Wilson Quarterly, Eleonore Pauwels & Sarah W. Denton
Privacy is a concept that has existed – and evolved – as long as man and woman have roamed the earth. Indeed, questions about both what is private and what should be private have been asked throughout time, with the answers often updated across eras, cultures, and contexts. This vision of 2075 may or may not come to fruition, but personal privacy is now being questioned on terms unknown to previous generations. Increasingly, a world of devices connected to the internet will work with artificial intelligence to form personal algorithmic avatars of all of us. We may soon be facing a privacy problem that we – literally – can’t keep to ourselves.
Artificial intelligence, commonly referenced in acronym form, is a term that would have sounded entirely self-contradictory before its birth in the 1950s. Even today, many have trouble imagining how a machine could think or learn – abilities that we inextricably associate with living beings. The term generally refers to “the use of digital technology to create systems that are capable of performing tasks commonly thought to require intelligence.” Machine learning, usually considered a subset of AI, describes “the development of digital systems that improve their performance on a given task over time through experience.” Deep neural networks are machine learning architectures designed to mirror the way humans think and learn. At its core, what AI does is optimize data. Making sense of massive amounts of information curated by humans, machine-learning algorithms are trained to predict various aspects of our daily lives and reveal hidden insight in the process.
The result? Functional capabilities that were previously unimaginable are now real, upgrading industries from defense and education to medicine and law enforcement.
University of Rochester researchers are using data science and an online crowdsourcing framework called ADDR (Automated Dyadic Data Recorder) to further our understanding of deception based on facial and verbal cues.
They also hope to minimize instances of racial and ethnic profiling that TSA critics contend occurs when passengers are pulled aside under the agency’s Screening of Passengers by Observation Techniques (SPOT) program.
“Basically, our system is like Skype on steroids,” says Tay Sen, a PhD student in the lab of Ehsan Hoque, an assistant professor of computer science.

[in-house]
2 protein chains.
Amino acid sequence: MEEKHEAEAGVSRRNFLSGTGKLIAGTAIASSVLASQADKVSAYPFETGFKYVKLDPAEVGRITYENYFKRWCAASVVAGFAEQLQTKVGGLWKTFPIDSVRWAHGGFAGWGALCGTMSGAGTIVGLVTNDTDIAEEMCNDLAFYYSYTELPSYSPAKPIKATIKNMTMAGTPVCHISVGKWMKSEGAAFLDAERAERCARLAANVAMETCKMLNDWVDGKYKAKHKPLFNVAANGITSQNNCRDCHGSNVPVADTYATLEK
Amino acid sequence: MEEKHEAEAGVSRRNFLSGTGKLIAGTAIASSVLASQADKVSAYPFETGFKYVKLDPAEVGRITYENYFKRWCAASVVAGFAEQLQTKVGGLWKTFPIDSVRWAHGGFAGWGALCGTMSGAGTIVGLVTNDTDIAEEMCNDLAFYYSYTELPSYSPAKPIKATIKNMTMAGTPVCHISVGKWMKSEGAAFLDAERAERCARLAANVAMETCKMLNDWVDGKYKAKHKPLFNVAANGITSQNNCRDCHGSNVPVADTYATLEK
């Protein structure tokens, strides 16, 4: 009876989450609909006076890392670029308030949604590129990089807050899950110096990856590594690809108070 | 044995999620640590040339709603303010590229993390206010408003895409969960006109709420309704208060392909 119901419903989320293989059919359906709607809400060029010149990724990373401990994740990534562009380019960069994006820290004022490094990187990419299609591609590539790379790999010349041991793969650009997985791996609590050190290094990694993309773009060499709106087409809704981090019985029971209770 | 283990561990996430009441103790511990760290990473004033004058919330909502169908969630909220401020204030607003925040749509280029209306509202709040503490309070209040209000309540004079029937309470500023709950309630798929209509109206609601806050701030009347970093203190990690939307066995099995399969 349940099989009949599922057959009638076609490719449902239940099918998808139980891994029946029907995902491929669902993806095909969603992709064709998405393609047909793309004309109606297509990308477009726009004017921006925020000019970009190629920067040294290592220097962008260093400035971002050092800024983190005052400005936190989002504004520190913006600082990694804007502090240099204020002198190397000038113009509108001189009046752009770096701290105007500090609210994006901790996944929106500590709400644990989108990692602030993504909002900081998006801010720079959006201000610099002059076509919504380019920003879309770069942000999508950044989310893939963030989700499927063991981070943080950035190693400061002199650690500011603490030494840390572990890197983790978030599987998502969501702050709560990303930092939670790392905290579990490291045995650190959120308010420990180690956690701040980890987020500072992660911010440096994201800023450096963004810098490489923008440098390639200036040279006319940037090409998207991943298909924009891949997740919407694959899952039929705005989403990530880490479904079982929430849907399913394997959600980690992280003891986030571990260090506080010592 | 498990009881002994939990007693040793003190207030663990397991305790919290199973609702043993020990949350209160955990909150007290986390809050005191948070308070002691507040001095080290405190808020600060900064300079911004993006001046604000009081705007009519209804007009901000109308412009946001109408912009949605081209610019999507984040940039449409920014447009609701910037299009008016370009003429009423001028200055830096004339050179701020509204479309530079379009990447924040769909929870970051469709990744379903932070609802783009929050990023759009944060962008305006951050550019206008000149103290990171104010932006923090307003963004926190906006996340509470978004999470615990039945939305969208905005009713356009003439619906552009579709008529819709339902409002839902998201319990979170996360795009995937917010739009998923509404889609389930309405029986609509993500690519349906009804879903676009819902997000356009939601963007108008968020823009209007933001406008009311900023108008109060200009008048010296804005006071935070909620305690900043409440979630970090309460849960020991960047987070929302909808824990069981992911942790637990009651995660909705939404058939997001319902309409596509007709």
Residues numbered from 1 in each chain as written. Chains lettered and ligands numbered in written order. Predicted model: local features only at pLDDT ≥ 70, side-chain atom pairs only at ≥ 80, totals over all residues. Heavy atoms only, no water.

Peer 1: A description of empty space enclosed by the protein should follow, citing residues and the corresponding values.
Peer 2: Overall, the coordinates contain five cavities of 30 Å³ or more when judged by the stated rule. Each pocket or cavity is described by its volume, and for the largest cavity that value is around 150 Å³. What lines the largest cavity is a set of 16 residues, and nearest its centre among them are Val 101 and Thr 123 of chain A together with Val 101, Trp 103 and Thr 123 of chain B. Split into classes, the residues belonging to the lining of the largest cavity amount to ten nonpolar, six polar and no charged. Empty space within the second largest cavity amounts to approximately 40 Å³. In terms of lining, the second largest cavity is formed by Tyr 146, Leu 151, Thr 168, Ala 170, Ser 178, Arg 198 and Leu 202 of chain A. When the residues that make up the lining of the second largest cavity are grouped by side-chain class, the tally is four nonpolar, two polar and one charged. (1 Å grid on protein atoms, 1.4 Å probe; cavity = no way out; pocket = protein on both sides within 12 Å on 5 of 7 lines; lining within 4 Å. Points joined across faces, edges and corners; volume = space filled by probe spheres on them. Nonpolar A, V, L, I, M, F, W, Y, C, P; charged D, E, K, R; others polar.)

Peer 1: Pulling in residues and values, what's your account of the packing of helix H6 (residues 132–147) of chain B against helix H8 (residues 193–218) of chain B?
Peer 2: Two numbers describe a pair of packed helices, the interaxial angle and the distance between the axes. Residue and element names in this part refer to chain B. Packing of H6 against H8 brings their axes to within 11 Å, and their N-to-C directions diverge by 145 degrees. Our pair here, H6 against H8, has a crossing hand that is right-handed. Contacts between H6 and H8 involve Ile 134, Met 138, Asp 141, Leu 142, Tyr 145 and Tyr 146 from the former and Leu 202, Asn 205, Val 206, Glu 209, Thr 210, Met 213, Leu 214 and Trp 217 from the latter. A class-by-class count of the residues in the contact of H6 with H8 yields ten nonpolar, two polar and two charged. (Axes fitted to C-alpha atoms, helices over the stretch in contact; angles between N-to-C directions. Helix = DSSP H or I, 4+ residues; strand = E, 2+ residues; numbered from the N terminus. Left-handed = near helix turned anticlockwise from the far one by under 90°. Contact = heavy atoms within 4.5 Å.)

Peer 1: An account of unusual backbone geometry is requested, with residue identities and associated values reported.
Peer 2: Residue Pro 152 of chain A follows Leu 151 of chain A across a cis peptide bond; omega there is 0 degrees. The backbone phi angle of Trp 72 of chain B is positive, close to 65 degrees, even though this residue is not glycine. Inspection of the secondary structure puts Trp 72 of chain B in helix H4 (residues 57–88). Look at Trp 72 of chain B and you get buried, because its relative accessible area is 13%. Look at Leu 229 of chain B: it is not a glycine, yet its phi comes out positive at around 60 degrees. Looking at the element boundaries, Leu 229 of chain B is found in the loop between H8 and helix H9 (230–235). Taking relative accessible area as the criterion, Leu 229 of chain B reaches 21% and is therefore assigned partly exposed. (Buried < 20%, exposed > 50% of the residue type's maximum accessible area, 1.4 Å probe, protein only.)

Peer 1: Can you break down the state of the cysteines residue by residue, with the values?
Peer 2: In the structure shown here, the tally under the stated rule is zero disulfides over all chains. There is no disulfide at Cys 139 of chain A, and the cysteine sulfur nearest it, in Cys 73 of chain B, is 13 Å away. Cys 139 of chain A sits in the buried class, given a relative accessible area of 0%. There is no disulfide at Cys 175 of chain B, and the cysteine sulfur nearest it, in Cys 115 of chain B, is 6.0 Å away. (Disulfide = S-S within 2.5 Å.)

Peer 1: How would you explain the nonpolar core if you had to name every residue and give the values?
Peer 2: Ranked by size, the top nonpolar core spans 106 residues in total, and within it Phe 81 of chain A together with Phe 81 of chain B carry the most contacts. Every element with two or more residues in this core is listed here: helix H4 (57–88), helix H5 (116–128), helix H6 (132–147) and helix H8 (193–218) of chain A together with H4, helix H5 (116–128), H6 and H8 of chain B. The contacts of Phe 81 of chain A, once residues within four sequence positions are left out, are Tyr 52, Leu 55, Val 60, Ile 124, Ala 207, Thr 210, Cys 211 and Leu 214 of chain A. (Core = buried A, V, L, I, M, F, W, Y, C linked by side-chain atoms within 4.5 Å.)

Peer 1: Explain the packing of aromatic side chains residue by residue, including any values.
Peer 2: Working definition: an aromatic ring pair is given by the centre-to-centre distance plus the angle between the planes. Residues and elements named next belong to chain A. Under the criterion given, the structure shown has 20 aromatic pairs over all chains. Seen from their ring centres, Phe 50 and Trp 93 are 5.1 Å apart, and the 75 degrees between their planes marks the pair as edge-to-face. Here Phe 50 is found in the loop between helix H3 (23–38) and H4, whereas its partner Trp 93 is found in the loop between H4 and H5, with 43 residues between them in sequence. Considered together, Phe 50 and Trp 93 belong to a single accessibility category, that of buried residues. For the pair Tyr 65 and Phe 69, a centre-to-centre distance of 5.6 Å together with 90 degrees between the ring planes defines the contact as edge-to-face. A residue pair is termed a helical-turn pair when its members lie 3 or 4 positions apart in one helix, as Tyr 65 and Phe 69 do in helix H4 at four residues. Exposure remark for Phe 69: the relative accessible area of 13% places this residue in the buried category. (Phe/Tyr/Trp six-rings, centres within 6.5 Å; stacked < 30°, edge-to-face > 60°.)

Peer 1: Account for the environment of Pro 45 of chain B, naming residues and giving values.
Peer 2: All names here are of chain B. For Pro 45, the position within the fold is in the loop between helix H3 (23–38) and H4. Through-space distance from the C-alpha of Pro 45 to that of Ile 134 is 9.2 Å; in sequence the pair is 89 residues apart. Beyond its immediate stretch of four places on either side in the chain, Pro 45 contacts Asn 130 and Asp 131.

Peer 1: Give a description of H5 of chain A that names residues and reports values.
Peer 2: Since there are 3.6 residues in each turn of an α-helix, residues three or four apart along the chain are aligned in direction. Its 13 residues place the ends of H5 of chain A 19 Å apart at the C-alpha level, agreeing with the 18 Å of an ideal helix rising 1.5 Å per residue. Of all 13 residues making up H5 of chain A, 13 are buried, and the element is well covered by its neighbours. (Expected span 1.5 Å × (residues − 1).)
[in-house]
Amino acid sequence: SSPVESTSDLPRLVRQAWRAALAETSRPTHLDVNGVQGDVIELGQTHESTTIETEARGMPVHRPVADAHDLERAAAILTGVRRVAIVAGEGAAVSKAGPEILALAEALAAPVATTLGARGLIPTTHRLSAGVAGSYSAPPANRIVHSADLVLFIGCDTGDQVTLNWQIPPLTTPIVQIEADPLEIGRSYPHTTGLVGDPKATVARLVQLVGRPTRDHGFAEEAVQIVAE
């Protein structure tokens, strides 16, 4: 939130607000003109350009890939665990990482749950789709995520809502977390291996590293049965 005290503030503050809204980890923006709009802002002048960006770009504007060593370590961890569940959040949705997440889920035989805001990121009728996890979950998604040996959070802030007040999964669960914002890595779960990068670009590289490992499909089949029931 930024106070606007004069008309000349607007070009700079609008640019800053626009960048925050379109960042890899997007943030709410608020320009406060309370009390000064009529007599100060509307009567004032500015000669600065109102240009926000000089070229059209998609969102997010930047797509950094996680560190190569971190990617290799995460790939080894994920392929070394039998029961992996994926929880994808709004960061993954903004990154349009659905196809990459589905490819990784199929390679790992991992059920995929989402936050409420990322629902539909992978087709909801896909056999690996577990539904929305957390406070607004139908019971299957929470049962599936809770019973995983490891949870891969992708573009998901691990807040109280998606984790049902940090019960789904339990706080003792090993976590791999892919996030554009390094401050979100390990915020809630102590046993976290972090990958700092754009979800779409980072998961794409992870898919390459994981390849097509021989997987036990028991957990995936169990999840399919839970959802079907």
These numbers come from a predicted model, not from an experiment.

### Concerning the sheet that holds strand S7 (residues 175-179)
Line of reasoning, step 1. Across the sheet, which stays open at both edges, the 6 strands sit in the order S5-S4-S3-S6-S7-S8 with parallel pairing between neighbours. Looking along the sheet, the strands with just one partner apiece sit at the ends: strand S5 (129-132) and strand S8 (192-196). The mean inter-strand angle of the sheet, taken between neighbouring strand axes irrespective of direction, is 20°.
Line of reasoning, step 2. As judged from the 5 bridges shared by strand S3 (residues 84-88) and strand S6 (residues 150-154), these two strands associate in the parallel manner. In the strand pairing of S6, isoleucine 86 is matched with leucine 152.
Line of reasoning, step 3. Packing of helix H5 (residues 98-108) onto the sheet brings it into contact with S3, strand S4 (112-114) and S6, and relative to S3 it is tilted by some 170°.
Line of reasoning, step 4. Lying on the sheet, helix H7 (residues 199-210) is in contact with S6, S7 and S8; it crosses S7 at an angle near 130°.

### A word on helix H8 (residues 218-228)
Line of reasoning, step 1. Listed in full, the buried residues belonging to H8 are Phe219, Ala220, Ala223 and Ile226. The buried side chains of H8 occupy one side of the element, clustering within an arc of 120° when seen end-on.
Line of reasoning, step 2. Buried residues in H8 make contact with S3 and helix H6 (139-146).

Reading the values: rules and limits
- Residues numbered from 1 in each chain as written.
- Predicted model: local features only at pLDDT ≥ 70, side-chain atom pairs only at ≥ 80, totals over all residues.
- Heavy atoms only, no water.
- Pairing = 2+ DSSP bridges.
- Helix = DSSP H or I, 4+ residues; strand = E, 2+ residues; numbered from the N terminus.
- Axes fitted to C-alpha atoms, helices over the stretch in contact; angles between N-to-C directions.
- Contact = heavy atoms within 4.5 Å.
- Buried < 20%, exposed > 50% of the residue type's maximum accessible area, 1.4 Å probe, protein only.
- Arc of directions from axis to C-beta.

LocationSmart is a data aggregator and claims to have “direct connections” to cell carriers to obtain locations from nearby cell towers. The site had its own “try-before-you-buy” page that lets you test the accuracy of its data. The page required explicit consent from the user before their location data can be used by sending a one-time text message to the user. When we tried with a colleague, we tracked his phone to a city block of his actual location.
But that website had a bug that allowed anyone to track someone’s location silently without their permission.
A report commissioned by Thomson Reuters on ‘Governance, Risk and Compliance (GRC)’ in large financial institutions found that risk officers are becoming increasingly focused both on AI tech and the impending (…?) roll out of blockchain tech into the mainstream commercial world.
This included a survey conducted by Celent and published in the report ‘Achieving Integrated GRC in an Interconnected Digital Age’, which gathered feedback from 30 Tier 1 financial groups around the world.
The main conclusion is this: ‘[At] a fundamental level, the report indicates that risk operations are having difficulty developing agile capabilities and continue to be hampered by inflexible technology.‘
Fujitsu today announced that it has received an order from the Information Initiative Center of Hokkaido University for an interdisciplinary, large-scale computing system with a theoretical peak performance of 4.0 petaflops(1), consisting of a supercomputer system and a cloud system. The system is expected to begin operations in December 2018.